It’s true my glasses are huge. I don’t like being able to see the rimes. Almost everyone, except my hair dresser tells me they aren’t “in.” He says he loves my look, I am original.

“They aren’t in, but I like them,” I told her.

“I do, too,” she said and moved on to the next passenger.

Smoking is Banned on Swiss Trains

Smoking is now banned on all Swiss trains. They have advertised it with posters picturing a typical train station, a train in the station and a Marlboro cowboy smoking on his horse outside the train. Today I saw a new one. Everything was identical to the other except a camel was standing where the cowboy had been.


Monday, December 19, 2005

Back in Geneva

The life size cow statue outside the optician’s who normally wears a pair of glasses, now has a Santa hat as well as the glasses. A book has been published with all the cows that were on display this summer.
I so did NOT want to go to Payerne on Sunday. But Florian and I were celebrating an early Christmas. Julia was baking cookies and playing Christmas Carols. The Christmas tree was waiting for its final decorations and it would have been so cozy to stay at home. However, as soon as the E bus started down the hill, I was rewarded with the sun shining on the snow- covered Jura behind the lake. Even if breath-taking beauty is the norm, I never have taken it for granted.
The second reason for feeling guilty at not wanting to leave the house (or more accurately STAY IN the house) was my Christmas gift. Florian long ago learned just buying expensive jewelry wasn’t appreciated all that much. He learned that when Llara brought me a bag of American snacks for my birthday. He realized finally the thought far outdid the price. He had suggested we go shopping and pick out an outfit that he would like to offer me. He knows I prefer going to the dentist to shopping. I said, I would rather have something he chose for me. Well, he went to one of the Payerne shops and picked out four outfits and “borrowed” them so I could choose one without shopping. They were all beautiful. I selected a brown,gold, black gypsy skirt with a brown turtle neck top. He noticed the skirt I was wearing and suggested that I take the aqua top which would go well with that skirt.
In and out of old age. When I turned 63 last June my monthly bus pass was decreased to 45 CHF, a real buy when each daily ticket costs 6 CHF. However, Jan. 1 the retirement age for women will be raised to 64. I am only 63 so I am back to paying 70 CHF a month, still a good deal. In July after my birthday, I can once again go back to the old price. I joked with the man, it made me feel younger, but less rich.
The bus system has placed a large bus in the center of downtown. The bus had huge wooden cutouts of multi-colored bags decorating its roof. People can check their packages free of charge.
Depistage is French for mammogram. I had mine today, free to all women over a certain age in Canton Geneva. Many words make sense in translation. Depistage does not. Piste is the word for ski trail. I kept thinking of miniature skiers getting crushed in the machine that was imaging the inside they were being depisted.

When Americans say pissed they mean angry. A Brit means drunk. Neither were my breasts angry or drunk or eliminating bodily fluids.

The Argelès cowboy

He wore cowboy boots and a western shirt, but he was from Argelès. We were sharing a compartment on my way home to Geneva. He had helped me lift my gift-laden suitcase onto the train (when will I learn to buy LIGHT presents?).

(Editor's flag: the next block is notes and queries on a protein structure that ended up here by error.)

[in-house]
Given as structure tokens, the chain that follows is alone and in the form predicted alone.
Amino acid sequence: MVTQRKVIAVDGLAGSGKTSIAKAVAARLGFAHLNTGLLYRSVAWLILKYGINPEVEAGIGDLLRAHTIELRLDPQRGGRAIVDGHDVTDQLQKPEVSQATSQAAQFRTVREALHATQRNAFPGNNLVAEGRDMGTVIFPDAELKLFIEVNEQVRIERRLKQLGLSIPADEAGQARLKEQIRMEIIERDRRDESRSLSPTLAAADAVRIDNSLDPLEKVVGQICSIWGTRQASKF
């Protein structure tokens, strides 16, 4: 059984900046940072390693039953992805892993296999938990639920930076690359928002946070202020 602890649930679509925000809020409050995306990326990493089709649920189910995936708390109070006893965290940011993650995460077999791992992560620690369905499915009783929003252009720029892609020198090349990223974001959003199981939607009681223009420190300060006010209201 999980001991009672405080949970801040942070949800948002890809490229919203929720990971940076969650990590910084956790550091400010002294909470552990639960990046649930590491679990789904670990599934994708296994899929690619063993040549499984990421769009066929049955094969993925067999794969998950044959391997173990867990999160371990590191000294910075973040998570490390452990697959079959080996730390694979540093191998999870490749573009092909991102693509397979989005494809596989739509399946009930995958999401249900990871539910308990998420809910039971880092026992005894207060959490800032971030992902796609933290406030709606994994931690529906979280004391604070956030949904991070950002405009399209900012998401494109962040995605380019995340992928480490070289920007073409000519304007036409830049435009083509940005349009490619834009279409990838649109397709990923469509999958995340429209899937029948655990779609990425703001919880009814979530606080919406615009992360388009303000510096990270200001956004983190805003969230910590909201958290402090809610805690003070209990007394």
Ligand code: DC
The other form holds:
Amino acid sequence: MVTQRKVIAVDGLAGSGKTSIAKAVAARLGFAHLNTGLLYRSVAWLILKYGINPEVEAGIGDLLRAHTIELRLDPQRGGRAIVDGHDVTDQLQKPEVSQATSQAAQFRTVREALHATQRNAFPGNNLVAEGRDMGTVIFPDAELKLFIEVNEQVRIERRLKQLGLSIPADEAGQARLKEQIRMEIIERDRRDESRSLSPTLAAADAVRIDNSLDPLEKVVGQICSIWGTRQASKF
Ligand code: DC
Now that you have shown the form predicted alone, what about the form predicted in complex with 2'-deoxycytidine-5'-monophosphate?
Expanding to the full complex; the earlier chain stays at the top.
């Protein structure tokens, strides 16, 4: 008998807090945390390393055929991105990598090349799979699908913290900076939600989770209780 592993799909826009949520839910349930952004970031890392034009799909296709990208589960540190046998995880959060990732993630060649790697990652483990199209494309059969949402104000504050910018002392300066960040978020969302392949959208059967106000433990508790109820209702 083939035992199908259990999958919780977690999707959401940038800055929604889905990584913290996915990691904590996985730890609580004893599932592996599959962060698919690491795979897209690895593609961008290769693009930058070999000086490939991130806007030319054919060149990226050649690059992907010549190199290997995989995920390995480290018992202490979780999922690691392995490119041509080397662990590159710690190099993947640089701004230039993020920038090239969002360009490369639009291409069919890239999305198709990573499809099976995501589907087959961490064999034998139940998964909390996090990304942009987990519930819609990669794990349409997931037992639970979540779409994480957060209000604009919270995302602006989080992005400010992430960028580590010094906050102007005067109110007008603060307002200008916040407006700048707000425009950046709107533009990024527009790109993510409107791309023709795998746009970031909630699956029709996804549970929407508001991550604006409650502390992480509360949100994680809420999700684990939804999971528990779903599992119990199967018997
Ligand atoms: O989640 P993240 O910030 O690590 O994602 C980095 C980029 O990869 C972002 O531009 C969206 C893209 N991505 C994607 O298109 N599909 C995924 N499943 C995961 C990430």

“I love America,” he said as soon as he pegged my accent. He showed me two language dictionaries he had bought for his planned trip to the wild west in June. They weren't the traditional, “I would like to buy a pair of size 42 shoes” dictionaries but had phrases like “Up shit creek without a paddle.”

Even if I was from the east coast and only had seen a rodeo in Boston Garden, he still had to thank me for the intervention of American troops in WWI and WWII. I wondered if he were joking, but he told me how he had an American flag in his house, and posters of the films The Magnificent Seven and High Noon. He knew more about Hollywood westerns than I did, and quoted lines from them that I could only guess were right in translation.

His girlfriend telephoned while we were talking and he happily told her about his luck in sharing the ride with an American woman. She went into jealous mode, was I prettier then she was (she had a loud voice), was I younger, ending with a plea to be faithful. He reassured her, but part of me wonders if I had cowboy boots, a Stetson and lasso what might have happened.

Friday, December 16, 2005

Add on purchases

More and more products seem to be sold these days to be used with additional stuff to buy. I see an espresso machine that only works with coffee capsules purchased from the same company. Then of course there are mops that have to have a new paper cover added each time that allegedly work better than other mops. I still think my old string mop works better than anything I ever used. Mine is now 18 years old and still going strong and I found it. How is that for saving money and having a clean floor at the same time, although washing floors are not something to get thrilled about?

Polaroid made money on their film not on their cameras, but cameras (pre Digital days) needed film.

Clever marketing. Over the years I have been taken in by advert claims: e.g. that PH blanace made a difference in ny hair (it doesn’t), bacteria is waiting to kill me on my counter tops (the antibacterial soaps are proving to be more dangerous) and that showing a panty line under slacks wasn’t attractive (no one noticed before pantyhose companies made a thing of it). Thanks to a friend I wasn’t taken in by HRT claims of being necessary—lets face it menopausal women are a drug company’s cash cow.

One of the wonderful things about aging is now I realize when advertiseres are trying to make a fool of me. We are playing a new game some of my friends on how we can create add-on products so instead of a one-time purchase we can keep buying and buying. Here’s what we came up with at lunch.

Lipstick – Can only be put on with a one-time use brush. Women would need to buy at least two brushes a day rather than one lipstick every few months. It will be sold on the idea of hygiene and how much better the brush works to make your mouth beautiful.